Contagion and Enclaves

BookContagion and Enclaves

Contagion and Enclaves

Tropical Medicine in Colonial India

Postcolonialism Across the Disciplines, 10

2012

November 20th, 2012

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Colonialism created exclusive economic and segregatory social spaces for the exploitation and management of natural and human resources, in the form of plantations, ports, mining towns, hill stations, civil lines and new urban centres for Europeans. Contagion and Enclaves studies the social history of medicine within two intersecting enclaves in colonial India; the hill station of Darjeeling which incorporated the sanitarian and racial norms of the British Raj; and in the adjacent tea plantations of North Bengal, which produced tea for the global market. This book studies the demographic and environmental transformation of the region: the racialization of urban spaces and its contestations, establishment of hill sanatoria, expansion of tea cultivation, labour emigration and the paternalistic modes of healthcare in the plantation. It examines how the threat of epidemics and riots informed the conflictual relationship between the plantations with the adjacent agricultural villages and district towns. It reveals how Tropical Medicine was practised in its ‘field’; researches in malaria, hookworm, dysentery, cholera and leprosy were informed by investigations here, and the exigencies of the colonial state, private entrepreneurship, and municipal governance subverted their implementation. Contagion and Enclaves establishes the vital link between medicine, the political economy and the social history of colonialism. It demonstrates that while enclaves were essential and distinctive sites of articulation of colonial power and economy, they were not isolated sites. The book shows that the critical aspect of the enclaves was in their interconnectedness; with other enclaves, with the global economy and international medical research. An Open Access edition of this work is available on the OAPEN Library.

1. This is the first book that theorises the impact of tropical medicine on the prevention of disease in the tropical colonies themselves, providing an analysis of research as well as its implementation. 2. Although there are other books on the study of north-east Indian Himalayas, this is the first to locate its history within both the plantations and the hill-stations, providing a theoretical framework for both. 3. This book includes the colonial and the post-colonial period, thereby providing a perspective on long-term political and economic developments in the region.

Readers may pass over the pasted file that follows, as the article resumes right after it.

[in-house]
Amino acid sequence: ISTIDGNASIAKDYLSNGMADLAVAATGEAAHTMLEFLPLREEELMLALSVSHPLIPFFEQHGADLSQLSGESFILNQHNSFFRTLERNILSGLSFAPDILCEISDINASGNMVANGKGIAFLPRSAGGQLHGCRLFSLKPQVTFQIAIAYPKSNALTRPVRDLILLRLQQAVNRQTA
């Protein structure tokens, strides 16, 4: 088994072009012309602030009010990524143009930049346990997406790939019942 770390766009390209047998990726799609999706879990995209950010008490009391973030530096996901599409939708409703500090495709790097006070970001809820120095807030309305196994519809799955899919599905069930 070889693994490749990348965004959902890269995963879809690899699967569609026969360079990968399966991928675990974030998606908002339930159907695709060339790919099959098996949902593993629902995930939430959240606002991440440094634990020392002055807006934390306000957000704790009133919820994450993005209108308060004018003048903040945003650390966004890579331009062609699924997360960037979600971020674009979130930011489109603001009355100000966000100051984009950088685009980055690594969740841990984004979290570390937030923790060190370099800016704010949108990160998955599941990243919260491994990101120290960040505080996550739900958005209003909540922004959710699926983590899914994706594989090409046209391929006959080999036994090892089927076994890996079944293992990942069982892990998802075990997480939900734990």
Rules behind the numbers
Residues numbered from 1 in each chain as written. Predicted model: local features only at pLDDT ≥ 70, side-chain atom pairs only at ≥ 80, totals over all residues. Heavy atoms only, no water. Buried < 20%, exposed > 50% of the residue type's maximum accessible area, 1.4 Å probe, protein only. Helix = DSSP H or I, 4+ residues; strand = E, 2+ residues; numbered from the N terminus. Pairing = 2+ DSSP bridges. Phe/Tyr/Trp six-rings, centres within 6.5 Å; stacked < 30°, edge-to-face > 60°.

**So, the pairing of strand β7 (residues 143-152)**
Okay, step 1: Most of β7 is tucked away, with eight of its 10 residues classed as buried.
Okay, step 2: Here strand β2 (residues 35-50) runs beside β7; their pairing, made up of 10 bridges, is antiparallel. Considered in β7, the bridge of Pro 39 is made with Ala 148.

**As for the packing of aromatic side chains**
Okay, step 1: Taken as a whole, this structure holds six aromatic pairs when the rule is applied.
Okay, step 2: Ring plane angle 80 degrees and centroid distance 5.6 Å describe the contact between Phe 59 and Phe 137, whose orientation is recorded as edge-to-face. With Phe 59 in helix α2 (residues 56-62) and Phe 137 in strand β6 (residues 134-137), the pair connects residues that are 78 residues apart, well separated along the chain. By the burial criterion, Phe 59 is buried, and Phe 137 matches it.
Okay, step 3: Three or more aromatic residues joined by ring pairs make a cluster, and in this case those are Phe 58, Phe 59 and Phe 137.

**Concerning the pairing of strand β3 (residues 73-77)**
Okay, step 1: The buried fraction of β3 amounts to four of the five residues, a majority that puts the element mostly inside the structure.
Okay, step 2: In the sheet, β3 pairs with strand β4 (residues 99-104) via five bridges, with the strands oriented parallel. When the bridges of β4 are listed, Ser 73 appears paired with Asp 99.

Combining original observations with very sophisticated arguments, written both clearly and elegantly, this makes an important contribution to the field.

Mark Harrison

... this is an interesting book with several fresh perspectives. ... a book that adds greatly to our understanding of European perceptions of the ‘tropics’

Social History of Medicine, vol 27, no 1

The Postcolonialism across the Disciplines Series seeks to span “the traditional range of disciplines… in postcolonial studies but also those less acknowledged” (front matter). Nandini Bhattacharya’s Contagion and Enclaves does this admirably ... Contagion and Enclaves provides fascinating analysis of the intersections between medical ideas and practices, and the struggles of colonial political economy.

Journal of Colonialism and Colonial History 15.1 (2013)

https://global.oup.com/academic/product/9781846318290?cc=us

About The Author

Dr Nandini Bhattacharya is Wellcome Post-Doctoral Research Fellow at the University of Leicester.